Hundreds of delivery men and boys are working overtime - braving the threat of the deadly novel coronavirus - to ensure that the millions of Dhaka residents confined to their homes are receiving their daily needs of groceries, medicine etc
Ever since nationwide shut down began on March 26, online grocery store Chaldal has been overwhelmed with so many orders that they are now recruiting new delivery men on an emergency basis.
Mahmudul Hasan has been working for Chaldal for over two years and manages orders in the Rampura area. He says he has barely been able to manage a single moment's break over the last five days.
"The other day when I was delivering grocery, a woman offered me a glass of water noticing how exhausted I was," said Mahmudul.
Although aware of the risk of such an interaction, he was nonetheless overwhelmed by the generosity of the gesture.
Mahmudul is aware of the risk of delivering goods to people at this time but says he has seen a rise in people's kindness and concern ever since the crisis began, and this inspires him to continue to serve people.
Like Mahmudul, hundreds of delivery men and boys are working overtime, braving the threat of the deadly novel coronavirus, to ensure that the millions of Dhaka residents confined to their homes are receiving their daily needs of groceries, medicine etc.
Arifur Rahman, works as a deliveryman for Shohoz, an online ride sharing, ticketing and food delivery platform. Shohoz has recently introduced grocery and medicines in their delivery service. Orders for grocery items have spiked now as most of the restaurants are closed.
Arifur's wife was very scared when he decided to continue to work during the shutdown. Arifur himself got worried when he realized most of the orders he received were coming from elderly citizens. But he changed his mind after he realized how helpless these people are in this situation.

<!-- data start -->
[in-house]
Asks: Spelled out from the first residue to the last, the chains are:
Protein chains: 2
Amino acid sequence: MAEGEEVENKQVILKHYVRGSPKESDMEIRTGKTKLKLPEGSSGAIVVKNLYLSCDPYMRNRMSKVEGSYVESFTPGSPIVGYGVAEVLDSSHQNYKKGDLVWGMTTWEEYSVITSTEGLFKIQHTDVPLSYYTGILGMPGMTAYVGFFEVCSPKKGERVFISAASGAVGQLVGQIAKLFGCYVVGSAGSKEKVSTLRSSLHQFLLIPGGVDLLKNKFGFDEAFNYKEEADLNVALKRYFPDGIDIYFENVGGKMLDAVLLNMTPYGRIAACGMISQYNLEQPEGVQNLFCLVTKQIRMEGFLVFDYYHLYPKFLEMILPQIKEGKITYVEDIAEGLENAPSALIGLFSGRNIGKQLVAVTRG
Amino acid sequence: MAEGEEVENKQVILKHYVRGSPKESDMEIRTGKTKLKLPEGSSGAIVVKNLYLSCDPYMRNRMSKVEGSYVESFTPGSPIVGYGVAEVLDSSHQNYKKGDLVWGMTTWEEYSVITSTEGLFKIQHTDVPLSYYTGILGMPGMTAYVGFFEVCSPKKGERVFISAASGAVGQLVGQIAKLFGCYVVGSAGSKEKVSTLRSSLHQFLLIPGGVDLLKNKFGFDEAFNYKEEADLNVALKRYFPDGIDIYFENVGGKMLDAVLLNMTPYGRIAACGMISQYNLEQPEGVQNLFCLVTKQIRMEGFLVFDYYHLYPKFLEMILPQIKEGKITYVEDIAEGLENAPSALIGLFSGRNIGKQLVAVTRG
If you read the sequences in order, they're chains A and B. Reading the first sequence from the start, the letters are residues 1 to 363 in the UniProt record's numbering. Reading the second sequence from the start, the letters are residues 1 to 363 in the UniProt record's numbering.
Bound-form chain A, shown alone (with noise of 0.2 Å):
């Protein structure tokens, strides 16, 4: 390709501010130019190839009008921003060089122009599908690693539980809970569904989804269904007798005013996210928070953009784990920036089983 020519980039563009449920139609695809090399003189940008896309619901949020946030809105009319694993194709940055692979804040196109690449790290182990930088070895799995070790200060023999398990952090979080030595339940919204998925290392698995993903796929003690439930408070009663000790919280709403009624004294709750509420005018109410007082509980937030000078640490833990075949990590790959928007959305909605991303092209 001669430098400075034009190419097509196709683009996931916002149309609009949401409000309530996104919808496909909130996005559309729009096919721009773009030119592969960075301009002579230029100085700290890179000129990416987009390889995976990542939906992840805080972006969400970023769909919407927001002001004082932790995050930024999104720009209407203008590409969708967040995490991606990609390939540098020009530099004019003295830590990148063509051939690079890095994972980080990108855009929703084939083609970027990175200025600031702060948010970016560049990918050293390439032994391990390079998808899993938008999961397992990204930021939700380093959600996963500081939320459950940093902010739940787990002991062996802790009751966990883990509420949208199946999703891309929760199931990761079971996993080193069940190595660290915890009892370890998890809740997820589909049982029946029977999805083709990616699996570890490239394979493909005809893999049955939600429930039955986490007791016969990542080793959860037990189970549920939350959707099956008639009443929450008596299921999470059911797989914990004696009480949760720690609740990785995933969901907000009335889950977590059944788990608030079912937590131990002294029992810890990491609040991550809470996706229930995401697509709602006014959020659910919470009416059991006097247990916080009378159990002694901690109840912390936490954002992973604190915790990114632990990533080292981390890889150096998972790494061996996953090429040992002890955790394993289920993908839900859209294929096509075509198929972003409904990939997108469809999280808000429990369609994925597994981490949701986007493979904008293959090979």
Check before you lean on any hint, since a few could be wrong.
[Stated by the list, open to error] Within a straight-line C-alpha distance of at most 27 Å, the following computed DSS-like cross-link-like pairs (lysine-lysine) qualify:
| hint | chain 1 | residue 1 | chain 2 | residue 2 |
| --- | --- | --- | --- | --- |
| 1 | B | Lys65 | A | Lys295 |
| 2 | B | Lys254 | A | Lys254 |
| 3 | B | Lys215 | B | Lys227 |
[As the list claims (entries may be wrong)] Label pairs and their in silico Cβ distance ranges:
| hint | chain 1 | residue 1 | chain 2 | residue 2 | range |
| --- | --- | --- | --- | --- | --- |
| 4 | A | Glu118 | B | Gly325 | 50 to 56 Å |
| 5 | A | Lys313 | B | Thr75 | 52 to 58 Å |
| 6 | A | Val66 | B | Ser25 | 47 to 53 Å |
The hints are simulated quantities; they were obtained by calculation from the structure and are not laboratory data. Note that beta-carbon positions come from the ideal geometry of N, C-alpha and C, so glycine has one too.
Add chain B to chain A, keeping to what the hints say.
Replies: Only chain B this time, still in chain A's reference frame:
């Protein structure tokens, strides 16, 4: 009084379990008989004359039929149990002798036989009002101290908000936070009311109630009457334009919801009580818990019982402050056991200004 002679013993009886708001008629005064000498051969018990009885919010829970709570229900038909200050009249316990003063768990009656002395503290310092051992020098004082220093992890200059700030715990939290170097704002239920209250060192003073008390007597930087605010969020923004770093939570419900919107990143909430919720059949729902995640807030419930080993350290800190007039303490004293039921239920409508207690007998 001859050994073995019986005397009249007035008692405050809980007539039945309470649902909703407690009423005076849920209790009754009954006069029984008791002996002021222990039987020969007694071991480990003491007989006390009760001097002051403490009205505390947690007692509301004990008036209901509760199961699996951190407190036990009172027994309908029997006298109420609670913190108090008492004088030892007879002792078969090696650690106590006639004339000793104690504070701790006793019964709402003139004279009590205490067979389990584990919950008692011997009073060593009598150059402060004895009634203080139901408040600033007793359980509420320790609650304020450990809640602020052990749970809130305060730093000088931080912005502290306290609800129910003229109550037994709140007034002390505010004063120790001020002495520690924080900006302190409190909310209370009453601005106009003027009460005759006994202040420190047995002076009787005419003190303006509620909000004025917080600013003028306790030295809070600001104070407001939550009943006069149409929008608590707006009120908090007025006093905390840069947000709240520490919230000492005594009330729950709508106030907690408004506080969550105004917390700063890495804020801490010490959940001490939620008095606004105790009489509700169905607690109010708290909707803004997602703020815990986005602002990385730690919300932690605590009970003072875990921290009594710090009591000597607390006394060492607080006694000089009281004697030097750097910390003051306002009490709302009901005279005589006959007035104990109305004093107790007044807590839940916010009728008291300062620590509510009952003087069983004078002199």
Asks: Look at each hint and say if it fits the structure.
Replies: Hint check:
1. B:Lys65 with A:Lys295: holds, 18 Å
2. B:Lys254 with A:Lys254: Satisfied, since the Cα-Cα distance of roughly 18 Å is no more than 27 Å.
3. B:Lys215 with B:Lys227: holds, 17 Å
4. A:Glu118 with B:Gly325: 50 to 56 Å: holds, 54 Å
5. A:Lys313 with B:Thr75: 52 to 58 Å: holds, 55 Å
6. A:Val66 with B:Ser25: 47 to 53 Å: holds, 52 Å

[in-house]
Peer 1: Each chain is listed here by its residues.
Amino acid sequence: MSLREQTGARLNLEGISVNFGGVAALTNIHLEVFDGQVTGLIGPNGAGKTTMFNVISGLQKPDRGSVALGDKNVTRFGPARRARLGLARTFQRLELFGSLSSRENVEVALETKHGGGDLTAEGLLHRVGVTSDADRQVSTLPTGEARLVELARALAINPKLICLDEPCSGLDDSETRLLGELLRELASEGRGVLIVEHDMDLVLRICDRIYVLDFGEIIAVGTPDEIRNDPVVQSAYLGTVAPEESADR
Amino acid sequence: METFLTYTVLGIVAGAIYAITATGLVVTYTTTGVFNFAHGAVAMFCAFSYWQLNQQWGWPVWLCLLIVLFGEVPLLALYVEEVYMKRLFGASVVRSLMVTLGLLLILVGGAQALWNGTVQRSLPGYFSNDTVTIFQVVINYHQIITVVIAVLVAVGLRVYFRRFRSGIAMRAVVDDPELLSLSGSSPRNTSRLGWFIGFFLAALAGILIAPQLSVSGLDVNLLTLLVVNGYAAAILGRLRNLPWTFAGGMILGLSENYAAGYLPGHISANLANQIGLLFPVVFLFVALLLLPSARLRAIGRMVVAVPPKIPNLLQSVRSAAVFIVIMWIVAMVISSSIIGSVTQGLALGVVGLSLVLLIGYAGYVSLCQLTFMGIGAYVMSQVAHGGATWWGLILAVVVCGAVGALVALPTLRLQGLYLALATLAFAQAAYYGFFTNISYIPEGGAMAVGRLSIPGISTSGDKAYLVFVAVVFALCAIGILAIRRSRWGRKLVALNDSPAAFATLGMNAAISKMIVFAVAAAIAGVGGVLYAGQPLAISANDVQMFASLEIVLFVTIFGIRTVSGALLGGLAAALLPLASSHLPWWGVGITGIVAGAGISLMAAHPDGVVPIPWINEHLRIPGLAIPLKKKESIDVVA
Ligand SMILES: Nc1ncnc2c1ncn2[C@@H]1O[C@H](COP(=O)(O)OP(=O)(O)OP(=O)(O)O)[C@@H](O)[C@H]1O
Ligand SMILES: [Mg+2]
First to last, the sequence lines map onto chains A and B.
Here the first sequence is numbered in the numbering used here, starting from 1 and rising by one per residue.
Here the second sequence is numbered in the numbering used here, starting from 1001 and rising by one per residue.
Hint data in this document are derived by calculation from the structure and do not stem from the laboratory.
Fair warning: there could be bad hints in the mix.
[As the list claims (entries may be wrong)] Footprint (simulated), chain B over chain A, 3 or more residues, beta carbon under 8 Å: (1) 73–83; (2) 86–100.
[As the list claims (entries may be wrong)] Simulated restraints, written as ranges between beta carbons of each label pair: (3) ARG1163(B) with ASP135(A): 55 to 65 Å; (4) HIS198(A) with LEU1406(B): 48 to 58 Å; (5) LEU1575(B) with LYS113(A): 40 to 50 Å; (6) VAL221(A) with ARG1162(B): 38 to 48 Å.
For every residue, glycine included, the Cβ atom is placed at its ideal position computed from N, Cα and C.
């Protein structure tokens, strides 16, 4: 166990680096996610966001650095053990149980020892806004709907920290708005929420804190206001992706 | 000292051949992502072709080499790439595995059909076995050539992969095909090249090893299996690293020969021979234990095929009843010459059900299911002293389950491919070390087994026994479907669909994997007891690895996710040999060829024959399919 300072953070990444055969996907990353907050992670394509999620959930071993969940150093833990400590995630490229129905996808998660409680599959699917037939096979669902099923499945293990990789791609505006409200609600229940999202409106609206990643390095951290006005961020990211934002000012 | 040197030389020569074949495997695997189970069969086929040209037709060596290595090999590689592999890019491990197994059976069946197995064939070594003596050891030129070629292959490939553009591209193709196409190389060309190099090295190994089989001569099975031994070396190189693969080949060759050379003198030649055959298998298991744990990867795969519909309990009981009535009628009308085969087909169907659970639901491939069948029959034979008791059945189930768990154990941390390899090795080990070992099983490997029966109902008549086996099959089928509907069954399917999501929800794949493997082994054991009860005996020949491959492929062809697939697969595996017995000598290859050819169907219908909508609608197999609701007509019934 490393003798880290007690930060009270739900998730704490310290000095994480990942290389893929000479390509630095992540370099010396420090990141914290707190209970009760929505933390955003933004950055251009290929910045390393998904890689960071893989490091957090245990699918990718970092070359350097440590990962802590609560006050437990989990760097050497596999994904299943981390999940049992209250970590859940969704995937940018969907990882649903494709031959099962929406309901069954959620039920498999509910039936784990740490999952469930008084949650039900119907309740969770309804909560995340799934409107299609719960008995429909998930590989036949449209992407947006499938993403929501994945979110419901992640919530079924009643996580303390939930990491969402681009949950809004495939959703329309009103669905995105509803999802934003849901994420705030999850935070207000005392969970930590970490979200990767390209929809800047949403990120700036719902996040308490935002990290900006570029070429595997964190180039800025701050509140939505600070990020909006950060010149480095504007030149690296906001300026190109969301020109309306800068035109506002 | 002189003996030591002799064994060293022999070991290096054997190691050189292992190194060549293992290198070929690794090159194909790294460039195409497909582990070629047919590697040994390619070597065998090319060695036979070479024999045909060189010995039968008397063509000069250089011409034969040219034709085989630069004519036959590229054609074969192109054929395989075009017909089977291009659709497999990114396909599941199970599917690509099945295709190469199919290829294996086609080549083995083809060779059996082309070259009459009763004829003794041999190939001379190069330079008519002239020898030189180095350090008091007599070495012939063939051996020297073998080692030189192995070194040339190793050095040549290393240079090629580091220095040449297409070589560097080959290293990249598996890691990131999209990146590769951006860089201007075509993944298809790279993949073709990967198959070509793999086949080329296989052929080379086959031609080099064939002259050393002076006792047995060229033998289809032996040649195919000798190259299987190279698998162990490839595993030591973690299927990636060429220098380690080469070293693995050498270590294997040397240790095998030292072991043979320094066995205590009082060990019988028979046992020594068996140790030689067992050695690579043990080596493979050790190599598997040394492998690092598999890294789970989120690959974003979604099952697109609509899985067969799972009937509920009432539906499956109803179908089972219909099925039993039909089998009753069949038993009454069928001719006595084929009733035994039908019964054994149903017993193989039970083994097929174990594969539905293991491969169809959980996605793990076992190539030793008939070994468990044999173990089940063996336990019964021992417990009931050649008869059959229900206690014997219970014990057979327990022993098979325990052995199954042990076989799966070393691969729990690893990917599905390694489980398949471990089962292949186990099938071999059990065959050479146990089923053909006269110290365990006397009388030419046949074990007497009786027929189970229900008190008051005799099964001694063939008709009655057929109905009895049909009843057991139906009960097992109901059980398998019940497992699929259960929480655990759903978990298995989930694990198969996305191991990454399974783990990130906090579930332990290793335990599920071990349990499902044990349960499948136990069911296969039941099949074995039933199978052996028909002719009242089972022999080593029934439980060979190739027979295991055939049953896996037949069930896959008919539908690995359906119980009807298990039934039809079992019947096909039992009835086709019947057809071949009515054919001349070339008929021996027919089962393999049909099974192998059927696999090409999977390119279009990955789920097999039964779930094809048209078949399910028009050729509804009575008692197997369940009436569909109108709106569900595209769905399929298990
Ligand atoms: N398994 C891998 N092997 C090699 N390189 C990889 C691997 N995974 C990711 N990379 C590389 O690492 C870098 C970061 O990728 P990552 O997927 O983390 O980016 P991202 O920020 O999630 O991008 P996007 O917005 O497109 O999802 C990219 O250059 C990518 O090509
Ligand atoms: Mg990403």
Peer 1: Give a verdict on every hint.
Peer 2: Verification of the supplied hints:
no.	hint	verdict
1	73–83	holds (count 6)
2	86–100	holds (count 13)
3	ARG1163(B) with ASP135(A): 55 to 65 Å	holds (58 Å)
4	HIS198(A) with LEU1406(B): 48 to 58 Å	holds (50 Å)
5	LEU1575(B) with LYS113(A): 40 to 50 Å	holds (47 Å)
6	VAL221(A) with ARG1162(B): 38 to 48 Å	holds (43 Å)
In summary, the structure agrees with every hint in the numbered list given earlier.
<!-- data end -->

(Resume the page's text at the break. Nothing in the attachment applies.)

"I forget everything when I see the gratitude in their eyes while delivering the groceries. I am just glad to help them," said Ariful.
Muhammad Fakhrul Islam works for the Online Pharmacy. Amid the shutdown, the number of orders the company is getting has doubled.
"I used to get 10 to 12 orders a day. Now I have to deliver at least 25 orders a day," said Fakhrul.
Furthermore, Fakhrul used to deliver to the Mohammadpur area only but now has to deliver almost anywhere, even as far as Rampura.
Deliverymen are usually paid a percentage of the delivery charge realized from customers. As many companies like Online Pharmacy have raised their delivery charge, men like Fakhrul are also getting an opportunity to earn some extra money.
Meanwhile, companies like Chaldal, who keep the deliverymen on their payroll, are paying them a 50 percent bonus on salaries.
"It is not about money anymore. It has become more of a responsibility towards people who cannot go out of home to get medicines during this time of emergency," said Ariful.
Boom in online grocery and pharmacy delivery
The companies that never delivered grocery and pharmacy have joined the race of delivering these goods in this time of crisis. Shohoz and ride-sharing company Pathao introduced new services of grocery and pharmacy to help people during the time of shutdown as they experience a declining trend in food delivery after most of the restaurants closed their operations to prevent the spread of Covid-19.
Super shops Unimart, Shwapno and Meena Bazar have also begun to deliver their goods at the doorsteps of their customers. A few restaurants like Domino's Pizza Bangladesh have energized their own delivery system.